Chair: We welcome that. I think it is trying to make it stick, isn’t it? I think in the meantime is about the more we talk about it in Committees like this, the more we raise the issue, the more you raise it as a Minister and across the piece. Surely, those buying shares in Barclays, buying shares in HSBC, people actually investing in institutions have also to look.

Across the piece we are, as a nation and across the world, interested in our environment. This is a direct destruction and of course, when you meet, as I did, Claudelice dos Santos who has lost her brother and sister-in-law in the rainforest, it is unbelievable what indigenous people are having to go through. I would urge you to raise it in an even louder voice than you are at the moment. Geraint, I think you wanted a supplementary.

Q324       Geraint Davies: Simply to say that it still is the case, Lord Goldsmith, that we are one of the biggest importers of wood. We burn the wood and ultimately this has a knock-on effect on the type of things the Chair has been talking about, the deforestation. I do think we should be putting more pressure on BEIS, for example, to change the balance of our energy towards renewable in terms of the subsidies we provide, instead of subsidising wood burning. I think as you pointed out, even bits of wood can be pulped into insulation for building, for instance, apart from wood in the construction. That would be a carbon store. Should you be leading the charge to reduce the amount of wood burning towards other alternatives in order to help the Amazon rainforest?

Lord Goldsmith: I do not pretend to be an expert on this. If it were the case that prime old-growth forest was being used to provide power in this country through things like Drax that would be abhorrent. I would absolutely very strongly oppose that. I do not believe that is the case. I am not saying it is not the case but I am not an expert. I would be astonished if it was the case.

Burning wood per se is not necessarily a problem. If you have woodlands and coppice being managed properly in a way that is good for nature and good for biodiversity and so on, and that coppice provides the power, the input for local biomass, I think that is a pretty good system from a climate biodiversity point of view. The question is always about where that wood comes from. The truth is I do not know enough about what feeds Drax to give you an authoritative answer. I made a commitment two weeks ago to look into it and that commitment stands. I have not yet honoured it, but I am going to look very closely at where that wood comes from. Maybe Edward can answer the question.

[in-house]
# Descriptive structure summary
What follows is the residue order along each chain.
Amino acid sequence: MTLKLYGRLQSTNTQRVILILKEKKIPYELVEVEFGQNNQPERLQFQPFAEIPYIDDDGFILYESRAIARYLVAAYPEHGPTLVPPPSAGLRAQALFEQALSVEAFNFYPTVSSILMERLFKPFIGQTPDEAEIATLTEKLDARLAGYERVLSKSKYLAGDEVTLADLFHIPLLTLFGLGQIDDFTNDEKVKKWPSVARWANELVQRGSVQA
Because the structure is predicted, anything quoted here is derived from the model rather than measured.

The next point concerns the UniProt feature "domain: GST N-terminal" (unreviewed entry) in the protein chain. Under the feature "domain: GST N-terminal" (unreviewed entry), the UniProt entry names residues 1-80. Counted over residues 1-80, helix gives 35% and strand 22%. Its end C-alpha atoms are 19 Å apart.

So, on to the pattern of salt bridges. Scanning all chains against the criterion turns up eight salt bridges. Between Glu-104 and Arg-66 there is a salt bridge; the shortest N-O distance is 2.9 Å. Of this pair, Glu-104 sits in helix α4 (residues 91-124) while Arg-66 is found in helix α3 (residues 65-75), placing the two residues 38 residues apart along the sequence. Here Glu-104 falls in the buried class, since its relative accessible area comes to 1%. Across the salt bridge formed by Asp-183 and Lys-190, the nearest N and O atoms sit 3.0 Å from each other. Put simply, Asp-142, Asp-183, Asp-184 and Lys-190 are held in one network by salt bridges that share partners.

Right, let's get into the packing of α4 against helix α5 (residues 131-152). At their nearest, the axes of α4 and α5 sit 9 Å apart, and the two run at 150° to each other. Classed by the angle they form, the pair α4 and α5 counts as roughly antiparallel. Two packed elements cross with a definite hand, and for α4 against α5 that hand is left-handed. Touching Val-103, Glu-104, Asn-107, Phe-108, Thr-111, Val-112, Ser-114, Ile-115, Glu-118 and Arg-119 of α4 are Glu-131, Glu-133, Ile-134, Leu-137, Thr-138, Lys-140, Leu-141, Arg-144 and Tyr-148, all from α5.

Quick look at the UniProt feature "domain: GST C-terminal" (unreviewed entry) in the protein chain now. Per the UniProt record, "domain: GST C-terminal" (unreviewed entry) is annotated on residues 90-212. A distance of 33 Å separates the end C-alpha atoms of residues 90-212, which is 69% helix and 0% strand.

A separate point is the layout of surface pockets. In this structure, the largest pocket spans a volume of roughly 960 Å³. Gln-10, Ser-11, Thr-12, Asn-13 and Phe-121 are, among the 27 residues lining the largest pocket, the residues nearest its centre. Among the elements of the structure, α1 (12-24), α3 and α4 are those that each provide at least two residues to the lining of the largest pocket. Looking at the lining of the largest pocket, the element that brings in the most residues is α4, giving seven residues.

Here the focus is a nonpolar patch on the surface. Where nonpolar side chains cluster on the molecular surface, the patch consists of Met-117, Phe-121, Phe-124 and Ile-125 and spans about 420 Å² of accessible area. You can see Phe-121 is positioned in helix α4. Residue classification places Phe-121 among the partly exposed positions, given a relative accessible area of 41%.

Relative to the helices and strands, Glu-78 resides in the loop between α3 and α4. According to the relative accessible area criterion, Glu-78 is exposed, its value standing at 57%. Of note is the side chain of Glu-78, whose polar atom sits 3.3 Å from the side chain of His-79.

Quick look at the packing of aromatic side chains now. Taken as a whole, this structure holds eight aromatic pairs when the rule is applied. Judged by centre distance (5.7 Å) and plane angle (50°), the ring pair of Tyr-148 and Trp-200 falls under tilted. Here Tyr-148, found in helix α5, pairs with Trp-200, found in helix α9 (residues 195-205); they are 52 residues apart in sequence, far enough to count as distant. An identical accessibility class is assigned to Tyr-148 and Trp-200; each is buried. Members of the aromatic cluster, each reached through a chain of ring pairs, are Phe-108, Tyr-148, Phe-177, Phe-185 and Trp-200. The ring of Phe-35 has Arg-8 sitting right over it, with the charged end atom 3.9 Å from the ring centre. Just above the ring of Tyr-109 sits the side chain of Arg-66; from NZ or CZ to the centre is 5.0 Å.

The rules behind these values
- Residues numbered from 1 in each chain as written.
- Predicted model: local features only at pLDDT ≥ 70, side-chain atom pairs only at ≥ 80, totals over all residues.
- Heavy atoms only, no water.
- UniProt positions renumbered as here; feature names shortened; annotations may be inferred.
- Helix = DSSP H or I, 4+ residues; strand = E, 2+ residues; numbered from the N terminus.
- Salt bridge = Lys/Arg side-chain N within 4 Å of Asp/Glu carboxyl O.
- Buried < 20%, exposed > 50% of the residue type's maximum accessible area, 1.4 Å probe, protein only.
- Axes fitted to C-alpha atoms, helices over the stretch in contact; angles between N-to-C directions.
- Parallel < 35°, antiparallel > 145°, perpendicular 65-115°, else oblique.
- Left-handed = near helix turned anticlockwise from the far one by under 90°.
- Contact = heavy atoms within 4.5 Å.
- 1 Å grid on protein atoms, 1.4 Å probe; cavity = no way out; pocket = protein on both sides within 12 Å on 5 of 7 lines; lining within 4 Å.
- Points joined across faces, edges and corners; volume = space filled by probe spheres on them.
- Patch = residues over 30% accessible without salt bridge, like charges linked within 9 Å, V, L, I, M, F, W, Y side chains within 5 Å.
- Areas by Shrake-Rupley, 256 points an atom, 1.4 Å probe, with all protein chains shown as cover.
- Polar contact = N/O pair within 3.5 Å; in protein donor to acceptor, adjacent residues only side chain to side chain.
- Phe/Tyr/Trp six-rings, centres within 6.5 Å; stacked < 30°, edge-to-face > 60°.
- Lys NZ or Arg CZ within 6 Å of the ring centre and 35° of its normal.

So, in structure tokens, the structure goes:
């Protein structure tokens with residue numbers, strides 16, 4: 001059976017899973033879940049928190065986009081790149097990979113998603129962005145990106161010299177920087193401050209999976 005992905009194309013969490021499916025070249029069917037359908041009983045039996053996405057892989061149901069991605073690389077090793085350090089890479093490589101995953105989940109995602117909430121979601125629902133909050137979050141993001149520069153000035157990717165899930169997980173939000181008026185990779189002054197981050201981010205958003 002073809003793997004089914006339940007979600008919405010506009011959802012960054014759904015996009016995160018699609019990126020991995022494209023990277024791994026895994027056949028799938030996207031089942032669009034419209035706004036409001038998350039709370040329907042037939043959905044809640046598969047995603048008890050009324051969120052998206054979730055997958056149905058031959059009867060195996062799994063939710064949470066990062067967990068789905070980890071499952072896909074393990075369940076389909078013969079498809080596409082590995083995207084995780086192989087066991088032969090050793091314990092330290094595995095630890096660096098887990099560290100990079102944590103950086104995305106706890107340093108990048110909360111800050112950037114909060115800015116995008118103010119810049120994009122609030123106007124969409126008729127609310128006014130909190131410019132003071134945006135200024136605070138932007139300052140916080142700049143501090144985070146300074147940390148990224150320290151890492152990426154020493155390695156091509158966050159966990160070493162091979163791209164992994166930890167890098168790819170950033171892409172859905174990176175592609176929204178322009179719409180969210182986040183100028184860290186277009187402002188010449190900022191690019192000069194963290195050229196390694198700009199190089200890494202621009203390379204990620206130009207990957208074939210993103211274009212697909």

Q325       Geraint Davies: You said this thing about wood generally, but presumably you would accept that solar, wind, wave, hydro, all these ways of producing energy, are better than burning wood, which is after all a carbon store and a health problem, in the hierarchy of—

Lord Goldsmith: As I say, I am not an expert, but if you look at the embedded energy costs of some of those things the answer is: I cannot give you a proper answer. I would presume that what you are saying is correct. I do not really know, but I think well-managed woodlands managed in such a way as to provide fuel for local biomass—are probably a pretty ecological way to manage woodlands and provide power, so I do not think it is something that we should be turning our nose up at. Equally, when you have a system that is as big as Drax, if you get it even slightly wrong, in terms of the input, that is going to have big implications, so we have to be sure that we do not. I am not an expert on this and I will probably never be an expert, but I will be looking at it in more detail.

Q326       Geraint Davies: Woodburning stoves in urban environments contribute 38% of PM 2.5 and we would be able to deliver World Health Organisation air quality standards if we stopped people essentially burning wood in wood stoves in an urban environment. Again, isn’t that something that should be perhaps in your in-tray to encourage Government to phase out urban woodburning so that we can help the climate and more immediately help our public health?

Lord Goldsmith: That is a big final question because it is not a simple yes or no. The reality is that we would struggle to meet the World Health Organisation’s revised standards of five parts. I think they have only just begun. Roughly half of the 10 parts that we were being asked to deal with as part of the World Health Organisation recommendation, are things that are caused outside of our borders or by natural phenomena over which we have no control. It is not an absolutely black and white issue but, nevertheless, it is possible for us to do more than we are currently doing. It is also the case that doing those things might require a big ask of the public and an ask where the public appetite for green solutions is not exhaustive.